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J R Soc Med. 2007 Jun;100(6):275-83.

Diabetes prevalence, process of care and outcomes in relation to practice size, caseload and deprivation: national cross-sectional study in primary care.

Author information

1
Department of Primary Care and Social Medicine, Imperial College, Reynolds Building, St Dunstan's Road, London W6 8RP, UK. c.millett@imperial.ac.uk

Abstract

OBJECTIVE:

To examine the association between practice list size, deprivation and the quality of care of patients with diabetes.

DESIGN:

Population-based cross-sectional study using Quality and Outcomes Framework data.

SETTING:

England and Scotland.

PARTICIPANTS:

55,522,778 patients and 8970 general practices with 1,852,762 people with diabetes.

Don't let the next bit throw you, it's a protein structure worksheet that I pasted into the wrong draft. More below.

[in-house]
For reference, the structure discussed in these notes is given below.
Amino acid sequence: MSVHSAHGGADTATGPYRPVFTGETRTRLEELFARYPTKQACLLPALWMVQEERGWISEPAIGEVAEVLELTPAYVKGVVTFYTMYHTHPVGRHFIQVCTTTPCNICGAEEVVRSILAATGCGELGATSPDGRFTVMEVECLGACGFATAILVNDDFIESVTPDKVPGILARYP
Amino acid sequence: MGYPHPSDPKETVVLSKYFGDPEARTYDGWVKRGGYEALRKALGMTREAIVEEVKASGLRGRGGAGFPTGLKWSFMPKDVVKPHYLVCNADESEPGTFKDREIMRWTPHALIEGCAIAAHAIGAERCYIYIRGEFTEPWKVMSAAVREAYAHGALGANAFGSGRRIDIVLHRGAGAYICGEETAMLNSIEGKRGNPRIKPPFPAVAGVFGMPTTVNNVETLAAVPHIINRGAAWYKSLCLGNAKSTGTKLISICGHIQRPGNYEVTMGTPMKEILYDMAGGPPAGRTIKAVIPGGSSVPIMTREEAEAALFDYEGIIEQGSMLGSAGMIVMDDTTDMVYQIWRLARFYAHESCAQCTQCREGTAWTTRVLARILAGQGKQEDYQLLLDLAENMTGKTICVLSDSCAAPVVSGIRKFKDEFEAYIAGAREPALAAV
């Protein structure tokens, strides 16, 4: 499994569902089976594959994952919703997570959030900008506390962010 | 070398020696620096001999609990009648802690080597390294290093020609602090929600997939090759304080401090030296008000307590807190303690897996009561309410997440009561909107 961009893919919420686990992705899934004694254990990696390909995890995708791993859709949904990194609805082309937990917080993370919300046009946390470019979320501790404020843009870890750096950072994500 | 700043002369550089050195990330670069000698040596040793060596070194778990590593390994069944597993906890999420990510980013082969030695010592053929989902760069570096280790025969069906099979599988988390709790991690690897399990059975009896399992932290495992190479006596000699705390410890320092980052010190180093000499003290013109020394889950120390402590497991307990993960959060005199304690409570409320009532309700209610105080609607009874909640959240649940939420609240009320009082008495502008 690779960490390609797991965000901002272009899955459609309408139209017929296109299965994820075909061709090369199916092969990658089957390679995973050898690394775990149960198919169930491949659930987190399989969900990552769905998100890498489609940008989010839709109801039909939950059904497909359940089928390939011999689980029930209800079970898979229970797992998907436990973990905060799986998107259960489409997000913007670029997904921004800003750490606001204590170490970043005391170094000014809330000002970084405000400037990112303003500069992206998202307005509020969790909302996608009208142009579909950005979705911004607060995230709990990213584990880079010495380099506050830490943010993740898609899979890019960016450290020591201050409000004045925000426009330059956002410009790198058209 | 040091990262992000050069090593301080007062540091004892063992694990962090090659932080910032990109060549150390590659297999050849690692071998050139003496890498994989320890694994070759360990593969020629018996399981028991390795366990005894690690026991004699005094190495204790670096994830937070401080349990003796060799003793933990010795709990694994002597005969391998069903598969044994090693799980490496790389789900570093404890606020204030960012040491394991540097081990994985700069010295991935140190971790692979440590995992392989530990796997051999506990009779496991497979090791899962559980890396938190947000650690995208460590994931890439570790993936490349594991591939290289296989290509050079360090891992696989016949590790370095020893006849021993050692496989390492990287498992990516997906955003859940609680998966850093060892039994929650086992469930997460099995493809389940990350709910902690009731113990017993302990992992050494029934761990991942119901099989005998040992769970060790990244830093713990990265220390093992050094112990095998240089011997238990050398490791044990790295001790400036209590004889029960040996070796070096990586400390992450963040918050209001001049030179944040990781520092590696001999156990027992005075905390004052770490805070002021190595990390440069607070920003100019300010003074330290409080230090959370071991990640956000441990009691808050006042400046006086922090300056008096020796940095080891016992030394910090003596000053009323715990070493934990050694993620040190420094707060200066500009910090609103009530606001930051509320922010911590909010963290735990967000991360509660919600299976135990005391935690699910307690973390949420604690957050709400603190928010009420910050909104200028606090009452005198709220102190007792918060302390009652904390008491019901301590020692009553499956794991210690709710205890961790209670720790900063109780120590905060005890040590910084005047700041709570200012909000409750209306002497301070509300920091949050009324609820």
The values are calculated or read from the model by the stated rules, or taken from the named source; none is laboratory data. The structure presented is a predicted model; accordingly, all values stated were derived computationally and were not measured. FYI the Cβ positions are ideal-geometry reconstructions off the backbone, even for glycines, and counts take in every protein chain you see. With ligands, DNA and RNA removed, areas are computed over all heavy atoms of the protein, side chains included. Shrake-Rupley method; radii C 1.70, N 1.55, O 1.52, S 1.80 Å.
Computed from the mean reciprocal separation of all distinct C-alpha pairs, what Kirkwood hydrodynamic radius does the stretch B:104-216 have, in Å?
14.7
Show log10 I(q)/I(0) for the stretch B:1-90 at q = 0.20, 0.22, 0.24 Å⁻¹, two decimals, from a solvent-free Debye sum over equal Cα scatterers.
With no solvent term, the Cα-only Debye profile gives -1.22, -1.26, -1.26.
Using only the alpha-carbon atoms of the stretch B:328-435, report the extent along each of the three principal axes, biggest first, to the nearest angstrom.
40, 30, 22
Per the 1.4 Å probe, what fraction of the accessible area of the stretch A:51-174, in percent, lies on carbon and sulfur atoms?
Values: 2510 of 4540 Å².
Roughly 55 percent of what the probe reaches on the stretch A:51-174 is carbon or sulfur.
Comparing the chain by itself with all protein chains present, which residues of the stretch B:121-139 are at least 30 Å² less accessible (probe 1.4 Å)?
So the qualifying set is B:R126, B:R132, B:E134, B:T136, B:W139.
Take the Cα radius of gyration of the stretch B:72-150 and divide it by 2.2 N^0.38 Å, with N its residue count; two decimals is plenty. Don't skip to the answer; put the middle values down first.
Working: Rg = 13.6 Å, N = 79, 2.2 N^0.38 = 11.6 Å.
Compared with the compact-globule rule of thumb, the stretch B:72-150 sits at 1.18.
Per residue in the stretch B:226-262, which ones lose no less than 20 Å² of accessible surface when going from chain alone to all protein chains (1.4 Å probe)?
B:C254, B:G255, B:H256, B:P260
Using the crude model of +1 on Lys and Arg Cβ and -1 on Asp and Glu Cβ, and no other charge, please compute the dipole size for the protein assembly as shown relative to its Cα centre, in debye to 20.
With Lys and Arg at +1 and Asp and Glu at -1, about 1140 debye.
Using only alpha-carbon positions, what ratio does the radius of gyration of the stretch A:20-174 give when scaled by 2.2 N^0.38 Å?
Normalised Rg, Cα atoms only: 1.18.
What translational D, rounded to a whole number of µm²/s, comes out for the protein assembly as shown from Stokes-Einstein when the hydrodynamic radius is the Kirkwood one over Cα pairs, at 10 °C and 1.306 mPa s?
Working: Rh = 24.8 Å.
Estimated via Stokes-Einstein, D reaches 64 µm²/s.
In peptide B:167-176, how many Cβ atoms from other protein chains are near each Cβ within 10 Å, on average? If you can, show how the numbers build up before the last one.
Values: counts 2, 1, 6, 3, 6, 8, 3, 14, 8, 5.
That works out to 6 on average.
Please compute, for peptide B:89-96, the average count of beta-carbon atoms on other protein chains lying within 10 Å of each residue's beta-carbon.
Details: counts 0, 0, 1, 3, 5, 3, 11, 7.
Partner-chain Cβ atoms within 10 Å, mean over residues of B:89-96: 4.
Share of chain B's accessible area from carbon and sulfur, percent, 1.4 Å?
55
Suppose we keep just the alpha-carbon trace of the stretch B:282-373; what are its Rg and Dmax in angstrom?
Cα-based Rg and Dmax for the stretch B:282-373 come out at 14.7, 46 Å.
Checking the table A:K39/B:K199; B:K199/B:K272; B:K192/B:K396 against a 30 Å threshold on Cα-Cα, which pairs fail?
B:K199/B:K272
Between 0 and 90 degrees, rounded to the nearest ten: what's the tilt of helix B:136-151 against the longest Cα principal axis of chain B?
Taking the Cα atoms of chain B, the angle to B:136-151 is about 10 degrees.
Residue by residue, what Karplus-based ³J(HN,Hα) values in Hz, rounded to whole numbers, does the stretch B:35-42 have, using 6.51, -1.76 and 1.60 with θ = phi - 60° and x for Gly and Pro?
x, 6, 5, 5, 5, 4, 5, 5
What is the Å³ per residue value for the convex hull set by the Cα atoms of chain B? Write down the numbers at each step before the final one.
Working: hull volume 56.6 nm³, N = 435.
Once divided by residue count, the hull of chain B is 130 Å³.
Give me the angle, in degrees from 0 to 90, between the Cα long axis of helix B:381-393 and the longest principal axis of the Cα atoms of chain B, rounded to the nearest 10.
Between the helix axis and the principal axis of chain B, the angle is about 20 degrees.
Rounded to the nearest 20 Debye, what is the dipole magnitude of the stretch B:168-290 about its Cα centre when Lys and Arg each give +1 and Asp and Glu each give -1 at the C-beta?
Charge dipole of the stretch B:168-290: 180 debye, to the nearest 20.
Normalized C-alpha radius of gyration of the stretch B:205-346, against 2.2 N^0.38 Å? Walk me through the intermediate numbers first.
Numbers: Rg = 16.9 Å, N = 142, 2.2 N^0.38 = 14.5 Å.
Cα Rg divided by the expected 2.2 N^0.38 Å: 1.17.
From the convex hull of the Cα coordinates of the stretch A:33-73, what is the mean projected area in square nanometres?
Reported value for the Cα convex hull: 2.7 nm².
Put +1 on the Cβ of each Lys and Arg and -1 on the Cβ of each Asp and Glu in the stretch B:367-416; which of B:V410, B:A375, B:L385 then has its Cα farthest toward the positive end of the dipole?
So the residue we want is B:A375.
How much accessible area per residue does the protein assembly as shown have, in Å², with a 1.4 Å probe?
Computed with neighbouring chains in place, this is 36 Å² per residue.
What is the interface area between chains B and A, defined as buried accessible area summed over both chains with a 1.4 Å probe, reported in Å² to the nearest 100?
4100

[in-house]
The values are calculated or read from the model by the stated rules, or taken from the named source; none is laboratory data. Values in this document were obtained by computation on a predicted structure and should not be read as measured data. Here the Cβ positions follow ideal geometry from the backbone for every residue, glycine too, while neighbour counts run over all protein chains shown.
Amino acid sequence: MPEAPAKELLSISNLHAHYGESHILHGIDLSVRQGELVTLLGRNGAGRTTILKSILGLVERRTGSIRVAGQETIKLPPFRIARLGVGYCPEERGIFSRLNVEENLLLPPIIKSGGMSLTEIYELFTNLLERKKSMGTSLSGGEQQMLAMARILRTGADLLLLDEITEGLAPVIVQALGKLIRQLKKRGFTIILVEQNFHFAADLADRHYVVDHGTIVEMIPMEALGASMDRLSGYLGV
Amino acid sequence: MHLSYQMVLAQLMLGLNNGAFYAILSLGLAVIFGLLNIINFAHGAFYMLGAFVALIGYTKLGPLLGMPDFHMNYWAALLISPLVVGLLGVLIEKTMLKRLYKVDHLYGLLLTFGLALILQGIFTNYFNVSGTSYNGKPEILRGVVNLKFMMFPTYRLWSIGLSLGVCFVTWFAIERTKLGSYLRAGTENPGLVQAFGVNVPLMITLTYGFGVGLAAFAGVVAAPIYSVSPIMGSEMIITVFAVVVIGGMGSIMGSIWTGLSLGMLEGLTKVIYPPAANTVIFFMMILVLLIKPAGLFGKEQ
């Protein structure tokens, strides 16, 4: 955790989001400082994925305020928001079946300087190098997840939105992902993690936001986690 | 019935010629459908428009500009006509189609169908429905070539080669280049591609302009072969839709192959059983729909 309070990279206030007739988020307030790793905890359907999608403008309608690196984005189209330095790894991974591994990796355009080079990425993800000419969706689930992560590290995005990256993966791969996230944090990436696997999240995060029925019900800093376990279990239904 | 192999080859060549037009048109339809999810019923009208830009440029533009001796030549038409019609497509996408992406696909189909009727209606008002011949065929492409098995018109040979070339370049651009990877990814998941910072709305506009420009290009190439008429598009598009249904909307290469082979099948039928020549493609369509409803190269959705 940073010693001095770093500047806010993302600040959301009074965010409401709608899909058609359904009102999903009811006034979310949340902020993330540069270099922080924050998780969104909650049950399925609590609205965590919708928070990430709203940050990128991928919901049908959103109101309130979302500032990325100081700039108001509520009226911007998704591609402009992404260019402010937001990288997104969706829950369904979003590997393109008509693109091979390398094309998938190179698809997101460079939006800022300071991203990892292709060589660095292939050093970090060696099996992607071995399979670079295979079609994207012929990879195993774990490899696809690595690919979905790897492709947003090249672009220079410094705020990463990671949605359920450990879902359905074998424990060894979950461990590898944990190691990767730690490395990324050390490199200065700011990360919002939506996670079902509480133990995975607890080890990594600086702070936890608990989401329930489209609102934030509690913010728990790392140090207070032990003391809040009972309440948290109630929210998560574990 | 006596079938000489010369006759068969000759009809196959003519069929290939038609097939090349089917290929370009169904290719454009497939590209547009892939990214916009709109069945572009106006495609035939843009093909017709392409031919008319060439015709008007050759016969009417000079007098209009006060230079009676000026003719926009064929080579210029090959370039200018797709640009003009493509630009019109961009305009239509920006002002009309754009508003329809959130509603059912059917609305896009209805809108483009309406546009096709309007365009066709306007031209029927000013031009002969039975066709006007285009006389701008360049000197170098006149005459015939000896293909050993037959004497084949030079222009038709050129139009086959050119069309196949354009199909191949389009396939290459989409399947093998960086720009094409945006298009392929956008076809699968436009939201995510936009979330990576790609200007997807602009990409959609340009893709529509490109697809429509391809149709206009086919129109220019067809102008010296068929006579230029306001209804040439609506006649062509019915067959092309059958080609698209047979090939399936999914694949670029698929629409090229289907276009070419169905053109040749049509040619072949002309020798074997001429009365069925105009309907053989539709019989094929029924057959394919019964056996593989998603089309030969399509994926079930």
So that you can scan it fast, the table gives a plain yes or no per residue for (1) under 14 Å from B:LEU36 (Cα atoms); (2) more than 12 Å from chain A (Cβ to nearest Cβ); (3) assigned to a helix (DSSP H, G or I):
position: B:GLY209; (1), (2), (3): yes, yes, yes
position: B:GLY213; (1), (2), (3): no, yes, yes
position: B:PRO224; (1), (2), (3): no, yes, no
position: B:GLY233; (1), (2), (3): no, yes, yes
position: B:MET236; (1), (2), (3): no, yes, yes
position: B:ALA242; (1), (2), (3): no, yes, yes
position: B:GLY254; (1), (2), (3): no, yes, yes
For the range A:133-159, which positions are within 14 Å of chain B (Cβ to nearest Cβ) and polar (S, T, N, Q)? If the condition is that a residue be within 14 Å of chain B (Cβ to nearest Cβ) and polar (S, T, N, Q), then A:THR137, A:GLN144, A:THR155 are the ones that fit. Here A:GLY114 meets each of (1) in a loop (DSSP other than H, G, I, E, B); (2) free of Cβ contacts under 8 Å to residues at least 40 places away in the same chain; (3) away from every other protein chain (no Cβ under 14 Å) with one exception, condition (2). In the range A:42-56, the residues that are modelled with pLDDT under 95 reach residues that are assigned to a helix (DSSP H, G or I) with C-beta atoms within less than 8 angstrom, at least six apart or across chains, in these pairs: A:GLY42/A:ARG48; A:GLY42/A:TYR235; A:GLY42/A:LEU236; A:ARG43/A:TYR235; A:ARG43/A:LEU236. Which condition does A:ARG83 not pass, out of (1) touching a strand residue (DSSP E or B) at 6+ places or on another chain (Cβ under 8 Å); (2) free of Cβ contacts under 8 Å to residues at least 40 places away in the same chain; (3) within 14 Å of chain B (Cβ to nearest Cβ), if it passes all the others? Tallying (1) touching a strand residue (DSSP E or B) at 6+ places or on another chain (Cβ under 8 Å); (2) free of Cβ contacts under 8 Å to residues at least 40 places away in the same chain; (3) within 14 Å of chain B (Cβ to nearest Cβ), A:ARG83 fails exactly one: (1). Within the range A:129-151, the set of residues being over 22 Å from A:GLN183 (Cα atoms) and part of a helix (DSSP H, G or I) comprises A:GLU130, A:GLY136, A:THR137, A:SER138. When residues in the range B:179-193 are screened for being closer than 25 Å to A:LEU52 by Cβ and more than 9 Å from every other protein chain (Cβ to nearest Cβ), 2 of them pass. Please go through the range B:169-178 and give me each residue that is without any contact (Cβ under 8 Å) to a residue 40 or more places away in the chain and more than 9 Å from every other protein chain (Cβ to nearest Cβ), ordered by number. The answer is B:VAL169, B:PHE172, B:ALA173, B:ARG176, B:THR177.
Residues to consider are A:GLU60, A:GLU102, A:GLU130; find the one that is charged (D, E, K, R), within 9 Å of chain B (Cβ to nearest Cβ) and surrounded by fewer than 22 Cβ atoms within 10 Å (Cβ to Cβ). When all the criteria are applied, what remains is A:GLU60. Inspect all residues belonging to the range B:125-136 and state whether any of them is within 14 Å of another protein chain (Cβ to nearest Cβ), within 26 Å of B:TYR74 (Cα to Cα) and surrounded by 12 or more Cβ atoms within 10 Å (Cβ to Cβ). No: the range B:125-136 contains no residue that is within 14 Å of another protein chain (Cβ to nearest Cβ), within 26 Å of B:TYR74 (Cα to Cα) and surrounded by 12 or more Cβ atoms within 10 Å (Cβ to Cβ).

INTERVENTIONS:

None.

MAIN OUTCOME MEASURES:

Seventeen process and surrogate outcome measures of diabetes care.

RESULTS:

The prevalence of diabetes was 3.3%. Prevalence differed with practice list size and deprivation: smaller and more deprived practices had a higher mean prevalence than larger and more affluent practices (3.8% versus 2.8%). Practices with large patient list sizes had the highest quality of care scores, even after stratifying for deprivation. However, with the exception of retinal screening, peripheral pulses and neuropathy testing, differences in achievement between small and large practices were modest (<5%). Small practices performed nearly as well as the largest practices in achievement of intermediate outcome targets for HbA1c, blood pressure and cholesterol (smallest versus largest practices: 57.4% versus 58.7%; 70.7% versus 70.7%; and 69.5% versus 72.7%, respectively). Deprivation had a negative effect on the achieved scores and this was more pronounced for smaller practices.

CONCLUSION:

Our study provides some evidence of a volume-outcome association in the management of diabetes in primary care; this appears most pronounced in deprived areas.

PMID:
17541098
PMCID:
PMC1885380
DOI:
10.1177/014107680710000613
[Indexed for MEDLINE]
Free PMC Article

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